The net effect of these four features of the judicial system is that the judicial expert plays a leading role in court decisions in the vast majority of construction disputes in France.
As a practical matter, the judicial expert organises meetings with the parties as well as site and other visits, requests documents from the parties, and drafts a detailed report for the tribunal, including exhibits. This process may last for several months (and sometimes more depending on the complexity of the case).
Although the judicial expert has no authority to advise the judge as to the ultimate outcome of the case, his or her influence on the decision is critical since, at the request of the judge, he or she will have identified all the relevant facts and given his or her technical opinion; this is usually the basis for assessing both liability and quantum.
When the judge receives the judicial expert’s report, he or she cannot amend it, and the expert is very rarely examined during the hearing. However, this does not prevent a party from interpreting the expert’s report or challenging facts contained within it, but it is for the party’s lawyer to make all the arguments during the hearing.
That judges largely defer to the expert is confirmed by the fact that, in most cases, the judge will simply confirm the conclusion of the expert’s report,9 even though the report is not, strictly speaking, binding upon the judge.10
Nonetheless, the judge is not powerless if he or she has doubts regarding the performance of the judicial expert, and in some cases the judge participates in the expert’s investigation. For instance, the judge may attend meetings organised by the expert and request explanations.11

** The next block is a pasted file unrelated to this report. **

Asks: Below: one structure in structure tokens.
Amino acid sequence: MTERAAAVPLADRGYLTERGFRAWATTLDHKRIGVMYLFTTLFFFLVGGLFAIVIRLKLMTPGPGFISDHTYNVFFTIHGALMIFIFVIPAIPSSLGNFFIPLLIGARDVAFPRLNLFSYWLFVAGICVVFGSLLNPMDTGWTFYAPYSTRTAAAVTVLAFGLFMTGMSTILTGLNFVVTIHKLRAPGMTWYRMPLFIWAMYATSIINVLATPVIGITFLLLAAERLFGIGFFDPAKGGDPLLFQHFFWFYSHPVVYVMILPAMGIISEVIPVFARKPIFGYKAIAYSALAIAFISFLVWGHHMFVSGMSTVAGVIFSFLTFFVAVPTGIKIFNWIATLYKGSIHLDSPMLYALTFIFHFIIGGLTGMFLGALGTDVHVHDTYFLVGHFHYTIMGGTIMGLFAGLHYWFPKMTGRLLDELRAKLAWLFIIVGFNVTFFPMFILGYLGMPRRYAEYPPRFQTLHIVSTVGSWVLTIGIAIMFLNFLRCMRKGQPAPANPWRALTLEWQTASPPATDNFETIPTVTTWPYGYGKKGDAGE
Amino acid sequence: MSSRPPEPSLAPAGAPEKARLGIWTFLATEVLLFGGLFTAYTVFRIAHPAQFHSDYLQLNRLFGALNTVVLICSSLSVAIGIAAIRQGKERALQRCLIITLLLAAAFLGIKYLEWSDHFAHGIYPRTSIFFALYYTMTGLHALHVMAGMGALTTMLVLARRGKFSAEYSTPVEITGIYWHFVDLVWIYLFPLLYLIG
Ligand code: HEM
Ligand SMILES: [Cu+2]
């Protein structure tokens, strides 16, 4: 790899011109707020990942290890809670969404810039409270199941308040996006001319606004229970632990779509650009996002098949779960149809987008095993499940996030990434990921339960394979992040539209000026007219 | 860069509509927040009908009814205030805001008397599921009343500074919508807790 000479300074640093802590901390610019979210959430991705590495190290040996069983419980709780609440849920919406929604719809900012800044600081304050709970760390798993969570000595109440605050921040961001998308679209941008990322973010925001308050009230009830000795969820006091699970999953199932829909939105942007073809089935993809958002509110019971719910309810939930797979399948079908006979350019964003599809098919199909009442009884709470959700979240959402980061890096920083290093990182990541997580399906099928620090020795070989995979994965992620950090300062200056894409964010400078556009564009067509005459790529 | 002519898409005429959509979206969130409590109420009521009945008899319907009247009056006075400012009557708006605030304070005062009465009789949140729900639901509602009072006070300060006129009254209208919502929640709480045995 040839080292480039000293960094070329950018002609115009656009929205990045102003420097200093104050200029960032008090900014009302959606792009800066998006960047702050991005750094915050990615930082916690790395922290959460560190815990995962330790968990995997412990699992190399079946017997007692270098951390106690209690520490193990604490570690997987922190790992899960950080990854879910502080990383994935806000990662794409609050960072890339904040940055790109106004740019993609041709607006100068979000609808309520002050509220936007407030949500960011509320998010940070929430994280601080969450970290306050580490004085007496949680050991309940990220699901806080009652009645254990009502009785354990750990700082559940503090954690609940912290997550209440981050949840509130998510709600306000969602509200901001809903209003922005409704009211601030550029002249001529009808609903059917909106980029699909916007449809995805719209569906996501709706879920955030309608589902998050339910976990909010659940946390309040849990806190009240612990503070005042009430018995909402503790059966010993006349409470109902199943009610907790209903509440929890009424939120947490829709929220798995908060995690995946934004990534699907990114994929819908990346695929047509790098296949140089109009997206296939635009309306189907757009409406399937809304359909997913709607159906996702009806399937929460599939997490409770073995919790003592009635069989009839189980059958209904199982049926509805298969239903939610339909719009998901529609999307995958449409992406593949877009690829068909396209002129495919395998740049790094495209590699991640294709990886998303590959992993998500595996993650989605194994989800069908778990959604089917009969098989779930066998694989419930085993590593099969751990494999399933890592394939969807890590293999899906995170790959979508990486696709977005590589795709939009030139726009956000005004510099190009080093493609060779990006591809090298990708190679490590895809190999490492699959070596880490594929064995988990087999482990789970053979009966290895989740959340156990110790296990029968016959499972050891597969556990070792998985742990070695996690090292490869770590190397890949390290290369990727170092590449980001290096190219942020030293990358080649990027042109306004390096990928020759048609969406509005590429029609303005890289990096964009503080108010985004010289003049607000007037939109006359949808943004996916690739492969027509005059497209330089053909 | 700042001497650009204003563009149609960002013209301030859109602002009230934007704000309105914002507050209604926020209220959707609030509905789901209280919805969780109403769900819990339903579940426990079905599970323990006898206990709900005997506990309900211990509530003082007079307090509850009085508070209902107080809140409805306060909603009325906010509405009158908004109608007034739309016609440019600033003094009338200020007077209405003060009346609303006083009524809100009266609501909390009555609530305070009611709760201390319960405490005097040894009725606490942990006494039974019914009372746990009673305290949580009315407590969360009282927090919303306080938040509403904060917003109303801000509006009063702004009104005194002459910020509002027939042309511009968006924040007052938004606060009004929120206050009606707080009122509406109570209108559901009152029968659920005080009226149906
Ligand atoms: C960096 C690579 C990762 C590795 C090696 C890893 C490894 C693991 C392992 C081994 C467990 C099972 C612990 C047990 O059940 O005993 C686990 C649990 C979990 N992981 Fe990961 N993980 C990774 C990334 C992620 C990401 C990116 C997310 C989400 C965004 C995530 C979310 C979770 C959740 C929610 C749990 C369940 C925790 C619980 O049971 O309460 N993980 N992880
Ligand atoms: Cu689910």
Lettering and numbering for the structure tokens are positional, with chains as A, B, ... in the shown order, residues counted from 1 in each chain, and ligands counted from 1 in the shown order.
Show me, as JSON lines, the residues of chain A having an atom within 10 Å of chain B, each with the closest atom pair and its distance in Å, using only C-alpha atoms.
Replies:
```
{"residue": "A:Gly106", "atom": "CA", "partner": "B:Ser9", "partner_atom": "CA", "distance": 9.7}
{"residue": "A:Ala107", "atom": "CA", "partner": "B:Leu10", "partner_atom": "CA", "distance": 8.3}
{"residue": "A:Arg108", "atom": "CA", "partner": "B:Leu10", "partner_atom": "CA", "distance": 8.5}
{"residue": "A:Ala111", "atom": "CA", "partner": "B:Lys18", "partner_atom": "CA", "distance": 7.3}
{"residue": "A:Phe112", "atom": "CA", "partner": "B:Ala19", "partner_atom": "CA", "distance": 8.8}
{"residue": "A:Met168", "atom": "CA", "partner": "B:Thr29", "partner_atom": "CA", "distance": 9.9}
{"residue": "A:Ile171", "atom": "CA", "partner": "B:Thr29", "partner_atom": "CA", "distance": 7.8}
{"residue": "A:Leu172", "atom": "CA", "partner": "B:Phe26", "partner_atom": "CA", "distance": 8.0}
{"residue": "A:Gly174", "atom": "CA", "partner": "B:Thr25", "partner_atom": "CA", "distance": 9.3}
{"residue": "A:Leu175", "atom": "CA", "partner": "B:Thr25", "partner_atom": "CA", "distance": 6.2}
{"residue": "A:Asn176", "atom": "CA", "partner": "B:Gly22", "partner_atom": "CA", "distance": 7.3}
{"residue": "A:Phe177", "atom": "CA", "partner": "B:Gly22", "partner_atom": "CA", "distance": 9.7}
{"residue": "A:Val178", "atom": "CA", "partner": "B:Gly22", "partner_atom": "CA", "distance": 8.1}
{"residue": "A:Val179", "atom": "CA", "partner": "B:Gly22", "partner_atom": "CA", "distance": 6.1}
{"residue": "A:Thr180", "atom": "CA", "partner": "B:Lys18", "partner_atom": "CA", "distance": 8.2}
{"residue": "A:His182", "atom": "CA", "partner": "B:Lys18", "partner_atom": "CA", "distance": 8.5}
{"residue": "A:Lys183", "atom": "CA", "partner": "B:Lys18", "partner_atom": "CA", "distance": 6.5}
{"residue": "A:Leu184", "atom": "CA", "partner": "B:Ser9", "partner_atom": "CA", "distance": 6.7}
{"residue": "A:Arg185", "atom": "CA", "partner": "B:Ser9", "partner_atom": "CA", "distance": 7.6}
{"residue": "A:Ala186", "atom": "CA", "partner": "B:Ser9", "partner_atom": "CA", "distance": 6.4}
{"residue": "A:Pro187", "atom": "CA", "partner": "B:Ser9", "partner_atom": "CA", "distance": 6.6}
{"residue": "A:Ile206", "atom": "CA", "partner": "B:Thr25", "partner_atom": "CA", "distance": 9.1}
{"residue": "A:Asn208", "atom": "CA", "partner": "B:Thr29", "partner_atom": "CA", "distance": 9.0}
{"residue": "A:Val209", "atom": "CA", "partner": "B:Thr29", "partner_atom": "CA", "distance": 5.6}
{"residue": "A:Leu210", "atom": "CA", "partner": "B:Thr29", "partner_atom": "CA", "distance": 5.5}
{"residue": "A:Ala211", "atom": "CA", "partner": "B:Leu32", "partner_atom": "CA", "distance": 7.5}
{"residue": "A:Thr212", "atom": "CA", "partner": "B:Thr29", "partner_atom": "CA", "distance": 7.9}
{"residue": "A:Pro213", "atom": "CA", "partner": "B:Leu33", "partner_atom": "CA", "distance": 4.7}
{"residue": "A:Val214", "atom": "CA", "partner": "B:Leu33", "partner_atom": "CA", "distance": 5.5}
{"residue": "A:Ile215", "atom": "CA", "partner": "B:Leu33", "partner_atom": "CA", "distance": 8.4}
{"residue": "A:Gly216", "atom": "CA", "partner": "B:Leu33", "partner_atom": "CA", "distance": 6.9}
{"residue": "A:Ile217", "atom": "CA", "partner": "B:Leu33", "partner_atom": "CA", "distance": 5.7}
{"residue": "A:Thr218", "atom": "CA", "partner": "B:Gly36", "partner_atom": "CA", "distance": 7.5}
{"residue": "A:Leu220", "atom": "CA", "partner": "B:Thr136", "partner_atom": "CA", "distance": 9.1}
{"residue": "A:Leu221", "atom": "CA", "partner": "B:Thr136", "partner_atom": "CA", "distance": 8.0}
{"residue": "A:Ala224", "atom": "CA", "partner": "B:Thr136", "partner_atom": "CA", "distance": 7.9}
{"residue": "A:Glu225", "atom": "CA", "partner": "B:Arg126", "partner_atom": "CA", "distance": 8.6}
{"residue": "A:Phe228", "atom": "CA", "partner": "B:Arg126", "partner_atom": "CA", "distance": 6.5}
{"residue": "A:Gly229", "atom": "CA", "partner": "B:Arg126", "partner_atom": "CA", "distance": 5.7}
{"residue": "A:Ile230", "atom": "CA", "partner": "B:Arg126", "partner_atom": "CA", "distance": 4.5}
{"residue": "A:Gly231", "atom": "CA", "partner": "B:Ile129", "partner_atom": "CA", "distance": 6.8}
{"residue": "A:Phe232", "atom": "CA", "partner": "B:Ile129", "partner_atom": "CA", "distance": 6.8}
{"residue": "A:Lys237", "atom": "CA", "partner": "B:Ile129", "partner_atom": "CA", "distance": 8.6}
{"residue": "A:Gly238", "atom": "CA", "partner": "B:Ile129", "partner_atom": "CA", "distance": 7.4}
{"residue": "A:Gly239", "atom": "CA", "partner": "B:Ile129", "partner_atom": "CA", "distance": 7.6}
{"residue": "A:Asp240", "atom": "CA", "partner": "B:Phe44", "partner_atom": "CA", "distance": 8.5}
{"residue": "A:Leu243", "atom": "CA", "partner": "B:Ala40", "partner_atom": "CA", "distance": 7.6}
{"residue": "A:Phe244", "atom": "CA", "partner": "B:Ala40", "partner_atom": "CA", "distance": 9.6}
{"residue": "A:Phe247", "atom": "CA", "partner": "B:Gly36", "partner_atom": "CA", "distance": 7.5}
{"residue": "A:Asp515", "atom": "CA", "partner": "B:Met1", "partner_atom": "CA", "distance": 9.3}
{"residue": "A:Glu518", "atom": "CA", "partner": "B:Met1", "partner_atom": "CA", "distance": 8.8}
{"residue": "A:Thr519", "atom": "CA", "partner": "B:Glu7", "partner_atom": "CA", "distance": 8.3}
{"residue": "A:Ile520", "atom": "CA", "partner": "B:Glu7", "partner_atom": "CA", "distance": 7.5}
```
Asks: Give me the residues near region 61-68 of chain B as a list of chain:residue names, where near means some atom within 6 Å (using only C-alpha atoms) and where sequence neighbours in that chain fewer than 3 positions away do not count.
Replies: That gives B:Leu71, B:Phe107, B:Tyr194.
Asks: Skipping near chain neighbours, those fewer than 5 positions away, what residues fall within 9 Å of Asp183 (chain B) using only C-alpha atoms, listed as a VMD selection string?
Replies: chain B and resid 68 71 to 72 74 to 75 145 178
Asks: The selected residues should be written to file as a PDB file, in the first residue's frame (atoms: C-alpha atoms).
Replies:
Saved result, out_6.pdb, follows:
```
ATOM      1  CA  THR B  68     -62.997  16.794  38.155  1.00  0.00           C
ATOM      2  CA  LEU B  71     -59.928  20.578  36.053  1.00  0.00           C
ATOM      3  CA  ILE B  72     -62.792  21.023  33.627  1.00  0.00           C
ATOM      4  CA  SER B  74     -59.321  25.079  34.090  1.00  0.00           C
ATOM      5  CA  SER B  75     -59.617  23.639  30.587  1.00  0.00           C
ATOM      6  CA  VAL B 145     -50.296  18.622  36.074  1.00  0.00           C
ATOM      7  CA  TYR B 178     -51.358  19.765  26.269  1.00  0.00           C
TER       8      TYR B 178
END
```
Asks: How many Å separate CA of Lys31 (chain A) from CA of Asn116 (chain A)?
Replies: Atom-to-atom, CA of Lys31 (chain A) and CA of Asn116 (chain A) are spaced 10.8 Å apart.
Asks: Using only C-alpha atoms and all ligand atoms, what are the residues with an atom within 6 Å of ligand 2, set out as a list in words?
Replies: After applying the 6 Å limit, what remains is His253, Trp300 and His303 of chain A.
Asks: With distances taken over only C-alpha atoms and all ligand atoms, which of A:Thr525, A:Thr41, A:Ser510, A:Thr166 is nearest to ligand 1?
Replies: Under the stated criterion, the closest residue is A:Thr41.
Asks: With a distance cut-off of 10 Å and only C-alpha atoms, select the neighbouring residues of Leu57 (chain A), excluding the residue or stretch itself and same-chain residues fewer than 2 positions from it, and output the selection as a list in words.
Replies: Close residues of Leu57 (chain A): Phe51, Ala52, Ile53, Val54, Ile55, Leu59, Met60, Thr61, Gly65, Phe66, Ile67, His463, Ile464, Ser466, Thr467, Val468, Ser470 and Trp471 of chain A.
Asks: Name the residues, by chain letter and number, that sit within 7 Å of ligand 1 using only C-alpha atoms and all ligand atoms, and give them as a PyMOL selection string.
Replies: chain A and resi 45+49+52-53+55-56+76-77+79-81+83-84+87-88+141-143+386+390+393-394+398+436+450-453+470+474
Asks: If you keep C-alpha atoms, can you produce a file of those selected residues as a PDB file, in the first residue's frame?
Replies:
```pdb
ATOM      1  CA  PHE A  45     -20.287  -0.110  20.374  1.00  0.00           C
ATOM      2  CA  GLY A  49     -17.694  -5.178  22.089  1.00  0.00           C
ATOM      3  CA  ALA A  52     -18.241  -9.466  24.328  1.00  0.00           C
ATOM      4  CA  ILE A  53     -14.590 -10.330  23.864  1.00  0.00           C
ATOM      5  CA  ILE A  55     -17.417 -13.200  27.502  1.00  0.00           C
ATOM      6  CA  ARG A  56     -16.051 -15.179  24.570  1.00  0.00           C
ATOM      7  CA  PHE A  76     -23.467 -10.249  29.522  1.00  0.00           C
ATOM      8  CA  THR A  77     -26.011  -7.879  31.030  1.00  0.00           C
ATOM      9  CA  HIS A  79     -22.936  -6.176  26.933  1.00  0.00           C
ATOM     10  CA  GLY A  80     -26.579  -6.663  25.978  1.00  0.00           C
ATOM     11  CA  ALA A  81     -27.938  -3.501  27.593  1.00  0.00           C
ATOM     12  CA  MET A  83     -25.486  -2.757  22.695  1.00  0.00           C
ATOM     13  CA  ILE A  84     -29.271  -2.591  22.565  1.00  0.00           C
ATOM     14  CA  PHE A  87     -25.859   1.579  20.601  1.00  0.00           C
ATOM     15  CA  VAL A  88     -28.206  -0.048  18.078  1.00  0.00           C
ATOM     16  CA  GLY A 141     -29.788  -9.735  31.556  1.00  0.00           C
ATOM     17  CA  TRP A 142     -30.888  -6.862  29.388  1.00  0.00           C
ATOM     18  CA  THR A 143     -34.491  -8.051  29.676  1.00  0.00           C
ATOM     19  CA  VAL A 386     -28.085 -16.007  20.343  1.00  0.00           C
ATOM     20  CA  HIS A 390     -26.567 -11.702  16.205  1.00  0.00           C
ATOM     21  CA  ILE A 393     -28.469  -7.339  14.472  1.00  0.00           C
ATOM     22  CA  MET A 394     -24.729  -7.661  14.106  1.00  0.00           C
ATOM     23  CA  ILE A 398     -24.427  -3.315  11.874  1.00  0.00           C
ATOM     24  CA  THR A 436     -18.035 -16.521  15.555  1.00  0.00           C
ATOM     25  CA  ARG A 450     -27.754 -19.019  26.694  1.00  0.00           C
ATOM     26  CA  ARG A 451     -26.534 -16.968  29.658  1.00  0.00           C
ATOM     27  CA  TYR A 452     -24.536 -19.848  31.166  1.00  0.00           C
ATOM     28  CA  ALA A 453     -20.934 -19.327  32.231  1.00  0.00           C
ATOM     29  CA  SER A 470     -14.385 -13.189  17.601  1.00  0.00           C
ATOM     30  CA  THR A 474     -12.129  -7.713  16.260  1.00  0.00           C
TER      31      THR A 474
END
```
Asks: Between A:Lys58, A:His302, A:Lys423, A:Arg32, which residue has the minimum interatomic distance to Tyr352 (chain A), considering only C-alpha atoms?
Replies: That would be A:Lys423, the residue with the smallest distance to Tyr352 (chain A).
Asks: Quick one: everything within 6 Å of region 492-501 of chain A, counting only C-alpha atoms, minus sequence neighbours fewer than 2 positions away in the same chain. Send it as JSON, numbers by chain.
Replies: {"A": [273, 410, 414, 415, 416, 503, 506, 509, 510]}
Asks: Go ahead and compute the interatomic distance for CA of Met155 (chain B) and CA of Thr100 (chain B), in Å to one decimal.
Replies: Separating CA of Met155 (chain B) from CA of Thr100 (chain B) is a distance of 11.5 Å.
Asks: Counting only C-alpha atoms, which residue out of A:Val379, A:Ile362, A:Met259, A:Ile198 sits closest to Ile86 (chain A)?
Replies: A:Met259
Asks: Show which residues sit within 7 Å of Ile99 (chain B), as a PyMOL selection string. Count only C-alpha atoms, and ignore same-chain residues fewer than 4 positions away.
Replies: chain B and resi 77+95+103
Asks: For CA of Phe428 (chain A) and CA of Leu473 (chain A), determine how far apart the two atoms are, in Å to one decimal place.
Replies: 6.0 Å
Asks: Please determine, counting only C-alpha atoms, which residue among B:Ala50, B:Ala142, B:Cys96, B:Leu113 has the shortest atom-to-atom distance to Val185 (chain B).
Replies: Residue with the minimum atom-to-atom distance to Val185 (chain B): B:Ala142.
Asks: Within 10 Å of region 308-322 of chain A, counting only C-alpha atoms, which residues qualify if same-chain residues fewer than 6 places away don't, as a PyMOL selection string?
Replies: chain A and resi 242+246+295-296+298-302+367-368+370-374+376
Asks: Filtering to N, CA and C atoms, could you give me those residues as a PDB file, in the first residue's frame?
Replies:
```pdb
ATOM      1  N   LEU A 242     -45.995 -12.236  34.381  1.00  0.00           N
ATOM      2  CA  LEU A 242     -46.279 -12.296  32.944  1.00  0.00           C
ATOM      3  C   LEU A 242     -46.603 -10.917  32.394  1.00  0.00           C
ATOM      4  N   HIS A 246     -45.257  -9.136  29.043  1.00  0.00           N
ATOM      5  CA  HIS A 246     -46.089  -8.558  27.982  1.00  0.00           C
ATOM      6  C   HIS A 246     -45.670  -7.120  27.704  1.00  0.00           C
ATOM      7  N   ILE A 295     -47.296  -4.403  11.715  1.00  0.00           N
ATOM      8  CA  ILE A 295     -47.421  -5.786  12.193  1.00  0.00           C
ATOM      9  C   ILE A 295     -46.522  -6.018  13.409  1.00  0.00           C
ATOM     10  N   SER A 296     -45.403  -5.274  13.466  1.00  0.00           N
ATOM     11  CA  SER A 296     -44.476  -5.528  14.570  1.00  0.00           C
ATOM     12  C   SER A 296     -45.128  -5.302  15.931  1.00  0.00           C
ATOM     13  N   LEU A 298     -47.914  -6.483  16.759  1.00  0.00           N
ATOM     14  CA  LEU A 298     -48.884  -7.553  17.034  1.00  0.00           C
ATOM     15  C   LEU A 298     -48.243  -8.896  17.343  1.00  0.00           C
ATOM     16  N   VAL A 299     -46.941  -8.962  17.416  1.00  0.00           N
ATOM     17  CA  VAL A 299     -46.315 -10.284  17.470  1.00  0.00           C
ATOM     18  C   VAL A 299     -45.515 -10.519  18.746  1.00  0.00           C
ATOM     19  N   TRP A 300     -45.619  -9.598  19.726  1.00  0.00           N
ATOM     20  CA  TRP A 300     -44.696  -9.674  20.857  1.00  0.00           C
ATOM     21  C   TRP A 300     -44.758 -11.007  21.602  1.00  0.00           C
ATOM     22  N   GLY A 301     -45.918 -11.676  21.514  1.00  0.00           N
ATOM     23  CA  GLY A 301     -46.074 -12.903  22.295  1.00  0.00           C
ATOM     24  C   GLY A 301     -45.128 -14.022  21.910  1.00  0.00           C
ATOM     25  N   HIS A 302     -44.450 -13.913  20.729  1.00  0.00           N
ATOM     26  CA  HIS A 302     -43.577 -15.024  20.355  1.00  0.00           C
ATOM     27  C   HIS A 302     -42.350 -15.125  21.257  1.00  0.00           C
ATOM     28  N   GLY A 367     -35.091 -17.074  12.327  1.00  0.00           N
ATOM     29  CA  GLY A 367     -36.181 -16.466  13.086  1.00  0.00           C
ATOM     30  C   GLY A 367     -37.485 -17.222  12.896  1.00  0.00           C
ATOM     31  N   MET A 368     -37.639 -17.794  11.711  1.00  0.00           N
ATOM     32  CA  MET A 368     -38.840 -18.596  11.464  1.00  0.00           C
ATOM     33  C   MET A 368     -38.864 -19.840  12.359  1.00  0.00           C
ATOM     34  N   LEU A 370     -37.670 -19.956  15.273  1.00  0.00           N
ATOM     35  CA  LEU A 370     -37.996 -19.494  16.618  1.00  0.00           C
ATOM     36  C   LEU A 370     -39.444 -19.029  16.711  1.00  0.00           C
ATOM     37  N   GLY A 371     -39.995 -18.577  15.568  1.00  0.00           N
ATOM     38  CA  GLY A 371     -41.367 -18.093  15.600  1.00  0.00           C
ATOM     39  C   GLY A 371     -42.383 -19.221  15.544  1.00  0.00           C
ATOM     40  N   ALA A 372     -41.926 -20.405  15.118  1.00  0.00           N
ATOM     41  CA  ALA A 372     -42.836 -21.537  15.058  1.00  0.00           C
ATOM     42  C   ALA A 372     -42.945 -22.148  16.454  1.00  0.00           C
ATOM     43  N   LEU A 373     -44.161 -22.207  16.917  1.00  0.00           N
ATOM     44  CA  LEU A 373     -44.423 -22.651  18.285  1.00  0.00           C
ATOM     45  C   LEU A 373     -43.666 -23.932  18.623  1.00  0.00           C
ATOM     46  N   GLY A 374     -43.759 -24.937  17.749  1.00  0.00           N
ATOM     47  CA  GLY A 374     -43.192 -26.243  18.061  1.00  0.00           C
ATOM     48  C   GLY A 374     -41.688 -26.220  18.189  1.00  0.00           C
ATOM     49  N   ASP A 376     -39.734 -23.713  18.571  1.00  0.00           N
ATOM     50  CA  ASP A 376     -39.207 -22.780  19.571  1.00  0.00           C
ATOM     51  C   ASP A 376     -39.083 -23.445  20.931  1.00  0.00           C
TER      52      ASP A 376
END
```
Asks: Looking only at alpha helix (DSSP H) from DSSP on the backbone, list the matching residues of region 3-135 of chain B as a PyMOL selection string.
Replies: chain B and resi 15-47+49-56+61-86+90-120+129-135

In addition, the judge may, if he or she considers it useful, hear evidence from a witness upon the request of the judicial expert or any party.12 The expert may also request a hearing by the judge.13 Lastly, the judge may always request that the expert complete, clarify or explain the content of his or her report and its conclusions in writing or at the hearing.14 If the judge believes that the report lacks clarity, he or she may hear the expert, the parties being present or summoned.15
Since judicial experts are usually highly qualified regarding technical matters, with a very strict and regulated status, including some procedural and judicial training in order to be an ‘auxiliary of justice’, the system of judicial experts is generally considered by the parties as a fair and efficient system to resolve disputes at minimal cost.
However, the system of judicial experts is not without its critics, especially regarding the method for producing evidence and avoidance of conflicts of interest. In this respect, the French system could learn from the common law world. For instance, the following improvements are often advocated:
• a party should be authorised to request the hearing of a witness to facilitate the judge’s understanding of important technical aspects in complex cases. There is no doubt that in several situations, well-organised debates with the judicial expert at an appropriate time would be in the interest of good justice;
• the judicial expert should transmit his or her draft report to the judge and the parties for comments, and in time for the parties to review the report in preparation for the hearing; and
• a party-appointed expert should be permitted to comment in writing on the final report of the judicial expert before the hearing.
In conclusion, in the French legal system, which has influenced several other civil law countries, the judicial expert often plays a leading role in the judge’s decision. While not without its critics, the system is one that lawyers from other jurisdictions – particularly common law countries – need to understand when advising clients with disputes pending in civil law countries or before arbitrators with civil law backgrounds.
15 Art 283 of the Code of Civil Procedure.